Cleaning up after Rena
Safe Seas Clean Seas Issue 39, March 2012
The company was well prepared for its role. Its personnel have previously worked with significant maritime incidents around the globe, including the Deepwater Horizon and West Atlas rigs and the vessels MV Newcastle, MV Fedra, MV New Flame, MSC Napoli, MT Erika, MT Prestige, MT Sea Empress, MT Nakhodka, MT Borga, MT British Enterprise and MT Exxon Valdez. Now New Zealand’s worst maritime environmental disaster has been added to that list.
Braemar Howells is teamed with Nelson-based marine support company Unimar Marine Services for the recovery operation. It also works closely with MNZ, the salvage company Svitzer, government agencies, local government councils and local iwi. All of these organisations have a common aim: to minimise the environmental impact of the Rena disaster and return New Zealand’s coastline to a pristine state as quickly as possible.
For the Rena recovery, the company drew on specialist staff with skills in marine operations, logistics, distressed cargo, shoreline clean-up and other incident management expertise from its facilities around the world.
The battles to clean up Rena are being fought on several fronts. Braemar/Unimar operates at sea and underwater, along the shoreline and in the air. When necessary, specialised operators such as aviation experts carry out information-gathering flyovers. Sonar-equipped vessels search the seabed for sunken containers, and specialised divers retrieve debris from inaccessible shorelines.
Partnering with Unimar for the clean-up has enabled more than a dozen vessels to be deployed at a time. The vessels include fast-response craft, tugs, crane barges and landing craft equipped with cranes. Taking a proactive approach has proven as effective in practice as it has for contingency plans. This was demonstrated when the ship broke up in January and Braemar/Unimar vessels were deployed to retrieve debris and floating containers at sea, before they arrived at beaches along the coast.
Spilled cargo has been diverse – plastic beads, paper, latex gloves, packets of milk powder, timber and domestic furniture. Each type has presented different challenges for collection and disposal and tested the team’s ingenuity. Collection techniques range from picking up by hand to using mechanised beach groomers and barges equipped with excavator arms.
Figures at the end of February showed that since Rena grounded, Braemar Howells had processed about 4,500 tonnes of waste. About 3,800 tonnes went to landfills, and the remainder was recycled.
Over 580 tonnes of liquid waste had been processed and removed for disposal by an environmental company.
For the same period, 637 damaged containers had been brought to port from the vessel and recovered from beaches and the shoreline.
About 300 Braemar Howells staff and contractors have been working on the debris and container clean-up operations, in locations as far north as Coromandel’s Slipper Island, south to Cape Runaway and across to Gisborne. Their work includes debris removal and manning of vessels, waste disposal, and transport and crane operation.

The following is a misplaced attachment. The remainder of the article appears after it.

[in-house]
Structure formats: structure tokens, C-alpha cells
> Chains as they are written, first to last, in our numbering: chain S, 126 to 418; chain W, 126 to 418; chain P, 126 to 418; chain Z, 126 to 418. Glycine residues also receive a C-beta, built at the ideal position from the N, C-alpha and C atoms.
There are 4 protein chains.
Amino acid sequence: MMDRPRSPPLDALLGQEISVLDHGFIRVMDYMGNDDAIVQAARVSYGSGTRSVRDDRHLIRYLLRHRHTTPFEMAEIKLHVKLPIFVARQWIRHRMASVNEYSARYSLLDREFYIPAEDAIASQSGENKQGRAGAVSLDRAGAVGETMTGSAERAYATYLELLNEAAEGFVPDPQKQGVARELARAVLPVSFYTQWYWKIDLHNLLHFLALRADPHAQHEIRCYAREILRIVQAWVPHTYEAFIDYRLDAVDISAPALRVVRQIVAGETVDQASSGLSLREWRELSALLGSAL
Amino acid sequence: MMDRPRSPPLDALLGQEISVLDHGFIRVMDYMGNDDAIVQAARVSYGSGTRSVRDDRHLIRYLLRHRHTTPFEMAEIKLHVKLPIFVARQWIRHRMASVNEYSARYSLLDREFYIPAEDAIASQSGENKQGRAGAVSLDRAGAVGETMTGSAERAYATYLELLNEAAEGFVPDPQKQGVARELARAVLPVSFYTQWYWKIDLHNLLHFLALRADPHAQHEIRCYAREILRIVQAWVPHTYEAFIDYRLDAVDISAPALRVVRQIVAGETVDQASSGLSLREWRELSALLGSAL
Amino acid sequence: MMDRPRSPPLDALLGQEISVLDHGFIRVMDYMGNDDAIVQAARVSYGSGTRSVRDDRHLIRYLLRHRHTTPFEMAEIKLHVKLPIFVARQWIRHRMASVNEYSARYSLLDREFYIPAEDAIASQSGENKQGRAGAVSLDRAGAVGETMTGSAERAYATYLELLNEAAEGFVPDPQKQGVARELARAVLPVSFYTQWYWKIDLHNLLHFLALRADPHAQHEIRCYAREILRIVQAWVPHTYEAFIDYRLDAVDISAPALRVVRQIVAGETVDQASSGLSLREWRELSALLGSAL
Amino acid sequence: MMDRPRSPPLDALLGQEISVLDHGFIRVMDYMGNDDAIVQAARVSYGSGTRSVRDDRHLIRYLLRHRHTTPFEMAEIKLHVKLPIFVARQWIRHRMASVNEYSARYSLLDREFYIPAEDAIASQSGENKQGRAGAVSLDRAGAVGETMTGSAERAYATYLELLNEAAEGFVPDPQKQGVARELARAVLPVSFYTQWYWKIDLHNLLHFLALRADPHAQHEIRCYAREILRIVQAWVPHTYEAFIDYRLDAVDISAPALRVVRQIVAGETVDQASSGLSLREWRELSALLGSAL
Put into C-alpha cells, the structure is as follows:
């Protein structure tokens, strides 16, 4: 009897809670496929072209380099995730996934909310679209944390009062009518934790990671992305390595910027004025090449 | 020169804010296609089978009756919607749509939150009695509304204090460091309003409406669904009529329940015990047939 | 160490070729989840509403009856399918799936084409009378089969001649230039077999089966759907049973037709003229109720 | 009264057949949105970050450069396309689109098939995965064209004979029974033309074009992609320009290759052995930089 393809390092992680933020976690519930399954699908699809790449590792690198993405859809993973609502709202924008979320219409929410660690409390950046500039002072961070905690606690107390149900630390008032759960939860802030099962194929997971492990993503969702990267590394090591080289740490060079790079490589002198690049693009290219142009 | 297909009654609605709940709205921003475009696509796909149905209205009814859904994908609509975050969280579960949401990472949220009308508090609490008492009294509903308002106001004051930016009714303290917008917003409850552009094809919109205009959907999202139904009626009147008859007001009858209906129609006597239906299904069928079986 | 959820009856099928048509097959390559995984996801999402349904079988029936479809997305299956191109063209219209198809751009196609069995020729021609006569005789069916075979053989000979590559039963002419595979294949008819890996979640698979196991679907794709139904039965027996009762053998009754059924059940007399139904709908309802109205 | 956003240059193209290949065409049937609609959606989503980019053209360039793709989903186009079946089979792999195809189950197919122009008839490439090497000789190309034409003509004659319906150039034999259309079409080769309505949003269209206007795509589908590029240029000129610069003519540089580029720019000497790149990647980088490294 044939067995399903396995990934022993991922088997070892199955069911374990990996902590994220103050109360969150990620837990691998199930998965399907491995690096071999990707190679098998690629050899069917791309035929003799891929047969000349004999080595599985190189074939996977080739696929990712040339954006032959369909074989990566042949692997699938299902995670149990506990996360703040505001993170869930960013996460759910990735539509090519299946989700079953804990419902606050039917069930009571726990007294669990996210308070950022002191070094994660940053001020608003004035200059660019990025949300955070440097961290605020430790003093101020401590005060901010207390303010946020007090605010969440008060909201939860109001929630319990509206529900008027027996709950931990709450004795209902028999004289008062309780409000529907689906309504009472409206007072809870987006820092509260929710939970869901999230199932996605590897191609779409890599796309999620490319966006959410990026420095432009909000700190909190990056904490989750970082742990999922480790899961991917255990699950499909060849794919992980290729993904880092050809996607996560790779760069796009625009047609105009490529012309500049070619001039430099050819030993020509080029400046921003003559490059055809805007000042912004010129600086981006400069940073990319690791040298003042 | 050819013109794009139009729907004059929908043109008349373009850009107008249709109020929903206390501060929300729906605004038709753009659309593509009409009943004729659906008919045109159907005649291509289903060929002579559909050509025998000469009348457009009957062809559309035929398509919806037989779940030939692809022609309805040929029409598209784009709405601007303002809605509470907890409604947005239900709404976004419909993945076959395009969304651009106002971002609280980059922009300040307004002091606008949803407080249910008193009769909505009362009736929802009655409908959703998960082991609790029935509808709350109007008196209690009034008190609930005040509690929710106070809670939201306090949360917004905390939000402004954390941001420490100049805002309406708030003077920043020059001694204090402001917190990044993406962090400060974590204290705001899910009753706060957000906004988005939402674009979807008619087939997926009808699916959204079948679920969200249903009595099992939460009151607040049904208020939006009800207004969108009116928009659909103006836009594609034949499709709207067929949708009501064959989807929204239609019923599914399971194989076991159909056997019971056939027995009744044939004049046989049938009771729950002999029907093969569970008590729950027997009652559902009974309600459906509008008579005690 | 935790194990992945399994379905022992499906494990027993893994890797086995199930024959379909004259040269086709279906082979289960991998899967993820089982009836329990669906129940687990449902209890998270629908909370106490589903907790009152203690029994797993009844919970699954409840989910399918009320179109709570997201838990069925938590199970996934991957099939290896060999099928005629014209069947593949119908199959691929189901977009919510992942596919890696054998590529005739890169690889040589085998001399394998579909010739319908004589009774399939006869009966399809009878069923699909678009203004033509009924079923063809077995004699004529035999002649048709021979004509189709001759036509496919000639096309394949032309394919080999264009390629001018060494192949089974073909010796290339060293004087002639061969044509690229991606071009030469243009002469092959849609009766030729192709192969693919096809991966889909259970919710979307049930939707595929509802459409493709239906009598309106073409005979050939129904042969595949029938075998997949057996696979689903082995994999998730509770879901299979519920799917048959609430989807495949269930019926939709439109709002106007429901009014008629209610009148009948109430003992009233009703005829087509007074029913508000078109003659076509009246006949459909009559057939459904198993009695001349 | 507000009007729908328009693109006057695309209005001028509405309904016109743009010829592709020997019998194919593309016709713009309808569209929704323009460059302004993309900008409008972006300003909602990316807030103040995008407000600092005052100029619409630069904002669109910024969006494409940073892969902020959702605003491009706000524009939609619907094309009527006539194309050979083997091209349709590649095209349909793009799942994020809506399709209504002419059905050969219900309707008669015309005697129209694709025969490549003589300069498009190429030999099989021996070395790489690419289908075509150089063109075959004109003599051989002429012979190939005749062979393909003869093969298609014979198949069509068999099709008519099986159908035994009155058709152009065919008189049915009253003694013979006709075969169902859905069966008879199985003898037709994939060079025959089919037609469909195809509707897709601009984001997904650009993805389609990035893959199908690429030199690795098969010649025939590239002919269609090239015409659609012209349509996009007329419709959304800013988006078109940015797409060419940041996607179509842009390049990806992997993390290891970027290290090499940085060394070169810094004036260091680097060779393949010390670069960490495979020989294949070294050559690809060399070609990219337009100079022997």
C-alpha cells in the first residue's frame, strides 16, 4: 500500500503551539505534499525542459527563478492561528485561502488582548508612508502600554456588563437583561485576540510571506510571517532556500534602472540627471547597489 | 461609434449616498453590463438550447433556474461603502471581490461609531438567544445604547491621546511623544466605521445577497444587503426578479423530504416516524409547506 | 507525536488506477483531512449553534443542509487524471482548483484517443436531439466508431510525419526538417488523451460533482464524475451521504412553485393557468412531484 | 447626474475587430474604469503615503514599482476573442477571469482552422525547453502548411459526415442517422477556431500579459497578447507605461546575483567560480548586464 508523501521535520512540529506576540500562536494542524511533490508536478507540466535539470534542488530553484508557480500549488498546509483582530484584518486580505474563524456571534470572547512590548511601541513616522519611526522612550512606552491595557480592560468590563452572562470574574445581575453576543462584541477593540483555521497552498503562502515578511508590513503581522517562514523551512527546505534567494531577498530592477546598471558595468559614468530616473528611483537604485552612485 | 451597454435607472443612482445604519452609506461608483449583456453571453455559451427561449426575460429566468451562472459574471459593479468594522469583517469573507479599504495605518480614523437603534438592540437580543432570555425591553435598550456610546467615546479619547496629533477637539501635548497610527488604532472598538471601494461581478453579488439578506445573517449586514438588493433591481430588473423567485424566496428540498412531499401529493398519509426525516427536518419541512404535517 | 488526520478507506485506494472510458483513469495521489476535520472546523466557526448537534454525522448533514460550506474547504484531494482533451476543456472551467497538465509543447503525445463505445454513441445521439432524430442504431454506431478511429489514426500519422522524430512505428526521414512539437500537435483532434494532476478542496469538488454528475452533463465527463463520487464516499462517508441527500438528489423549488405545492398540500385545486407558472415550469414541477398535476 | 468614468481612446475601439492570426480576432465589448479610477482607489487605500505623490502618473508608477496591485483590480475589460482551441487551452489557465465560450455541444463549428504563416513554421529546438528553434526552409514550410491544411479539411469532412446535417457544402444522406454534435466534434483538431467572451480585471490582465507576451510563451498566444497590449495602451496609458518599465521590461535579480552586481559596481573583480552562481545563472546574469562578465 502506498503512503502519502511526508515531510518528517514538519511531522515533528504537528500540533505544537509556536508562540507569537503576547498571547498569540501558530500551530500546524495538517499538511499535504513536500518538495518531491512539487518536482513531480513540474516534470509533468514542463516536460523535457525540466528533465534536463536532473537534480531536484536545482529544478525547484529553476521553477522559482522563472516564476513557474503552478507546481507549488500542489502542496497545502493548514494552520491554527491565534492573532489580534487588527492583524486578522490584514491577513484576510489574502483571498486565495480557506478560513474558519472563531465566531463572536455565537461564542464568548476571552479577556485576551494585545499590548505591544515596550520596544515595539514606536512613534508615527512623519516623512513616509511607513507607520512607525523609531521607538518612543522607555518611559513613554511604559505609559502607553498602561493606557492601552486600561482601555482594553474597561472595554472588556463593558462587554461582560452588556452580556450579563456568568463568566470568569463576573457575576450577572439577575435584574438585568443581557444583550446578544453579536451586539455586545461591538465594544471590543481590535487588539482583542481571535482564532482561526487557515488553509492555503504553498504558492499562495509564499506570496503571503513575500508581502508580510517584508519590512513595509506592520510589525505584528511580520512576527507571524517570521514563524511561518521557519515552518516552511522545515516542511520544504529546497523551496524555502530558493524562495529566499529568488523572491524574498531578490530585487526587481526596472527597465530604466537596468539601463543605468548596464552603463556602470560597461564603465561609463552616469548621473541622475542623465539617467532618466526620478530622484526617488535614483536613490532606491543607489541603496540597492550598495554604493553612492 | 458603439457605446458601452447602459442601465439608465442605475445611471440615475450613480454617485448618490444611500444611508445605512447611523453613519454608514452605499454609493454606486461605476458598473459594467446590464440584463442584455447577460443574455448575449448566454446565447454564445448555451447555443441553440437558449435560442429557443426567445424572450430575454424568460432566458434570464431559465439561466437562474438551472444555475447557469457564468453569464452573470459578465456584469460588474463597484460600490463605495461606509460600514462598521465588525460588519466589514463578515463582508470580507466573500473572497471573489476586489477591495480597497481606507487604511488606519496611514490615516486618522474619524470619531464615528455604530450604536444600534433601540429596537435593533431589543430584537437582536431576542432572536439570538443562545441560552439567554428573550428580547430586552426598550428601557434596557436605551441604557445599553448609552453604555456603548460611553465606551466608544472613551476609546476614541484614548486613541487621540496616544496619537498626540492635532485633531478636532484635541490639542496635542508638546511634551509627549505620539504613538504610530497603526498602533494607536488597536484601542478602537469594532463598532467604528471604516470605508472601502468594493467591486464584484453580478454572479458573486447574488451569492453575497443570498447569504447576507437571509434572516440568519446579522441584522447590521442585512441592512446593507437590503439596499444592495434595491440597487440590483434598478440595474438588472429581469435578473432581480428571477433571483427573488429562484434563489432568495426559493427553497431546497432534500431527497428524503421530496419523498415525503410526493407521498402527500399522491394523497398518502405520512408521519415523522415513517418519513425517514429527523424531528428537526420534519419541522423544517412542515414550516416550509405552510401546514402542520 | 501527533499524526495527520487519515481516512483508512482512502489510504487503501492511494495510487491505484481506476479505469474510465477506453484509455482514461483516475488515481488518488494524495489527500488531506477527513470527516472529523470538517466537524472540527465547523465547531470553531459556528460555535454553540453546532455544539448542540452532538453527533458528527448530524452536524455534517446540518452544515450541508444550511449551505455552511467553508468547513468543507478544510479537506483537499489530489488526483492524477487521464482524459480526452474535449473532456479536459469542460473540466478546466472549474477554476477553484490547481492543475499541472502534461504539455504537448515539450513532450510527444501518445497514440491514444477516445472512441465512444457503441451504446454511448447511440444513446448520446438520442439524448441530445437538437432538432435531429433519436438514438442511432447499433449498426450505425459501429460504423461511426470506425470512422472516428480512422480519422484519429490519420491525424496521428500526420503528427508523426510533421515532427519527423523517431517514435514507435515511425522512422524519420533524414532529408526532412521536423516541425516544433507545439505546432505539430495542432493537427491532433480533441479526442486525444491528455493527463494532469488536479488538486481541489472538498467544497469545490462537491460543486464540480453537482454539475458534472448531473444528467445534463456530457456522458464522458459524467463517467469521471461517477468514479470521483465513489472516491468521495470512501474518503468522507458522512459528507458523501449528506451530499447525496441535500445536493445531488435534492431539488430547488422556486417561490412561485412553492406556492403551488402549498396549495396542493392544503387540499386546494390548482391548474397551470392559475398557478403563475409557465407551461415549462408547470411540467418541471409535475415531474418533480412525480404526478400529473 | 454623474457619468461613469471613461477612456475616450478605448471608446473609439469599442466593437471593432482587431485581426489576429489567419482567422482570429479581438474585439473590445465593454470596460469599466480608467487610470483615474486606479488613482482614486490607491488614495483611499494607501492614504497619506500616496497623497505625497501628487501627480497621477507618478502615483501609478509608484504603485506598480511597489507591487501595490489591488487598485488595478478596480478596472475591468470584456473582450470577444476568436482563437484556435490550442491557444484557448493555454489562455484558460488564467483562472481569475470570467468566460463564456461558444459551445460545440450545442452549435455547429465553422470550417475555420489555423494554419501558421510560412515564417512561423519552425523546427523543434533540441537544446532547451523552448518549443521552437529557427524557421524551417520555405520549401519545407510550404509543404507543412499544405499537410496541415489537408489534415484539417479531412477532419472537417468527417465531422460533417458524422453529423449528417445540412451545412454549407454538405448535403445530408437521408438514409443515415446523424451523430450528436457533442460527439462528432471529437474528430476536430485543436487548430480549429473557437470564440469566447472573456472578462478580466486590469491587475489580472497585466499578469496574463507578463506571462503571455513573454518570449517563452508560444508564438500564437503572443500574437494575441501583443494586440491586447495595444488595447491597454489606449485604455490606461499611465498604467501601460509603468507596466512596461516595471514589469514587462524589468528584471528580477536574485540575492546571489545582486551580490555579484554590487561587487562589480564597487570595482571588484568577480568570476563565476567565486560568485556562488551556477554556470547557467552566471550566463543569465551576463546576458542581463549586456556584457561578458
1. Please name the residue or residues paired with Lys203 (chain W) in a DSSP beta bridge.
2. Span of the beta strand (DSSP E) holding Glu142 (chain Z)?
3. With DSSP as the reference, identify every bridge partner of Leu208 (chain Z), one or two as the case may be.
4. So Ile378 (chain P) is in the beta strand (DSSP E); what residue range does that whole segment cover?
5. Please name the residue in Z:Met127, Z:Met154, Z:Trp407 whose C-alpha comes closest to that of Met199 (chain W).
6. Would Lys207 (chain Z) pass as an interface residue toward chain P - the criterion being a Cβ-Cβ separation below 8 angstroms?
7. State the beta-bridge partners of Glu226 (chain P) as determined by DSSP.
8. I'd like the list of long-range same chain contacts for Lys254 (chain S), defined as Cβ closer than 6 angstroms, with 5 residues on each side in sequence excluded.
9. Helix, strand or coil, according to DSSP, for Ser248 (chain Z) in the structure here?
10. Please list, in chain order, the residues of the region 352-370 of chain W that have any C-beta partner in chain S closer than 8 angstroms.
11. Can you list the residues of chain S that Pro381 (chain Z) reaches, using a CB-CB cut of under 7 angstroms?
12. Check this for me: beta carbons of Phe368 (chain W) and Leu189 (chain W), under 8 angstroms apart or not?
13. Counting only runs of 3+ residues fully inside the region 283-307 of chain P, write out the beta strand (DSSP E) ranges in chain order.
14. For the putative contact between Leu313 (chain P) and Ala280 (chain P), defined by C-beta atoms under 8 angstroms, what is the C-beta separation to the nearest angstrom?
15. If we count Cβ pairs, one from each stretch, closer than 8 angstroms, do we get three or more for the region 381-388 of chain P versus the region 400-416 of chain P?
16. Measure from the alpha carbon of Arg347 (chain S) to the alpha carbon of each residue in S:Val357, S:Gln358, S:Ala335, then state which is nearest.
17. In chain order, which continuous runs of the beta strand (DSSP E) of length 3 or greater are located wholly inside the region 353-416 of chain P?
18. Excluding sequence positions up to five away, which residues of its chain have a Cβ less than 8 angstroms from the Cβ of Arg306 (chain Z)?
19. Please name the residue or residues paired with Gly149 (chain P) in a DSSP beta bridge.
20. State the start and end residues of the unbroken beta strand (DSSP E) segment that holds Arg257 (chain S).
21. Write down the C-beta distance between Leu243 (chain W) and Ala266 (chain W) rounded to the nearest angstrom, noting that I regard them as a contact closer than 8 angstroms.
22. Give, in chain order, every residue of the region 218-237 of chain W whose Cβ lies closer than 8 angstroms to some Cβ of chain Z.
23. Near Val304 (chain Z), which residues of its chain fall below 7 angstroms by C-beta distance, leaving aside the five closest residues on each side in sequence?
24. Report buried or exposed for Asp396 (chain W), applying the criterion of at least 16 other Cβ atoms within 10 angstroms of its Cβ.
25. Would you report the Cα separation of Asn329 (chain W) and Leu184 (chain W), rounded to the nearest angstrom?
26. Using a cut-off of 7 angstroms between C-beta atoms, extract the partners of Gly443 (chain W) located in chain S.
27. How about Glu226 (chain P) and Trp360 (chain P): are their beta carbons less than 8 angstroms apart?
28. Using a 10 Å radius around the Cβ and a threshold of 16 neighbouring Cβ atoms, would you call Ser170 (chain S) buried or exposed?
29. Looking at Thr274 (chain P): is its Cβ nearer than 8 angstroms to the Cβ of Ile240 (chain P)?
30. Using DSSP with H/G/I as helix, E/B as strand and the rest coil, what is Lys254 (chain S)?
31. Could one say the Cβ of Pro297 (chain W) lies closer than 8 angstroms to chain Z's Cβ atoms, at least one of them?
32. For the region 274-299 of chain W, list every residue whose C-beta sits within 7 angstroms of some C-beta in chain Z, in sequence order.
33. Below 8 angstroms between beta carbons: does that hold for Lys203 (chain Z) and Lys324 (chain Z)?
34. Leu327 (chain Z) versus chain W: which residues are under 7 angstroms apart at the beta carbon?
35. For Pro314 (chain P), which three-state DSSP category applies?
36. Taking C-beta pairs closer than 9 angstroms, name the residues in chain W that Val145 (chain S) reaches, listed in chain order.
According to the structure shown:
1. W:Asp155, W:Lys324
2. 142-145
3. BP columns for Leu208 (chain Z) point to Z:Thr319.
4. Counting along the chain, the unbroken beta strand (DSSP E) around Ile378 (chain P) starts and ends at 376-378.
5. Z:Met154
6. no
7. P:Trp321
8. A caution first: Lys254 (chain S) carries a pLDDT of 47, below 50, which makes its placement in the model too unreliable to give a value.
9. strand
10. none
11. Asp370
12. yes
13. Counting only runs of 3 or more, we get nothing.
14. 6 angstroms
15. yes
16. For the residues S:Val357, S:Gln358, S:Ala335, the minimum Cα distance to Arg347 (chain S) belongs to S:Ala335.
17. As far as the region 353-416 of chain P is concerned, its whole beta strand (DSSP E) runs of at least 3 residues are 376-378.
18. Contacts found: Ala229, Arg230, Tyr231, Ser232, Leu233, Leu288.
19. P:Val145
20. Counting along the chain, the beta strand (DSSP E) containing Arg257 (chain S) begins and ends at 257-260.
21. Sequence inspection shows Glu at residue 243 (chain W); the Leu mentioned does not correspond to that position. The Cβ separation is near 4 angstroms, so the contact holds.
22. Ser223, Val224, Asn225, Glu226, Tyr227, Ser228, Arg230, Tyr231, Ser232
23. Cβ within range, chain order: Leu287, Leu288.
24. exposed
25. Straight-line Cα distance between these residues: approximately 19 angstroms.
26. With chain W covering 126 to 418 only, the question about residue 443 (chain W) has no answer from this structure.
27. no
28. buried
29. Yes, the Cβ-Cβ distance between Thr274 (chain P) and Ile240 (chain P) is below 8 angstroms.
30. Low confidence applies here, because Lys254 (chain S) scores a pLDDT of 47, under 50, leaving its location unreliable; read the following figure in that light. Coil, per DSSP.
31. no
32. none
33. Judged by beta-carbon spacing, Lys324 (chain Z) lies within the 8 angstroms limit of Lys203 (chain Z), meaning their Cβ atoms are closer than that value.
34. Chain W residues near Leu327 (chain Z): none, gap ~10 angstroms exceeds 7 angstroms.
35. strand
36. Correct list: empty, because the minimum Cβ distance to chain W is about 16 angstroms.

On-scene Operations Manager Claudene Sharp says Braemar Howells has drawn on its “extensive experience, holistic support and asset bases” to be able to respond quickly and efficiently to the challenges Rena has presented so far.
Claudene says that although the work has been gruelling at times, there have been many success stories. Highlights are the speedy clean-up of Waihi Beach, heli-lifting rubbish to a waiting barge off Motiti Island, establishing a specialised facility to deal with damaged containers and perished cargo, and appointing iwi liaison representatives. She says many of the successes are based on building good relationships with district and regional councils, and with local communities.
At Waihi, 177 tonnes of debris was removed from the popular beach in just four days. Braemar Howells’ recovery team swung into action with heavy machinery and labour teams when 17 containers washed ashore. The debris ranged from badly damaged containers to packets of milk powder and timber.
Damaged containers, including those lifted off Rena by salvors, are taken to a special facility in Mount Maunganui. The plant is fully equipped to enable rapid and safe processing of damaged containers and perished cargo. Features of the facility are bays for de-oiling containers, and deodorising water-mist sprays along its perimeter fences.
Activating ‘hubs’ along the coast is another of Braemar Howells’ innovations, under the leadership of on-scene Operations Manager, Neil Lloyd. These small coordination centres for debris collection are run by iwi and local workers. Wherever containers or debris wash ashore, hubs mobilise to reduce the impact on small coastal communities as swiftly as possible.
Braemar/Unimar staff expect to be kept busy in coming months, with clean-up operations in various localities. Clearing Matakana Island of container remains and debris has a high priority, while the task of refloating containers located on the seabed is yet to be tackled.
Current activities include heli-lifting debris to waiting barges, using specialised underwater equipment to locate submerged containers, diving to inspect containers on the seabed, having debris inspected by the Ministry of Agriculture and Fisheries, and meeting with iwi ... it’s business as usual for Braemar Howells.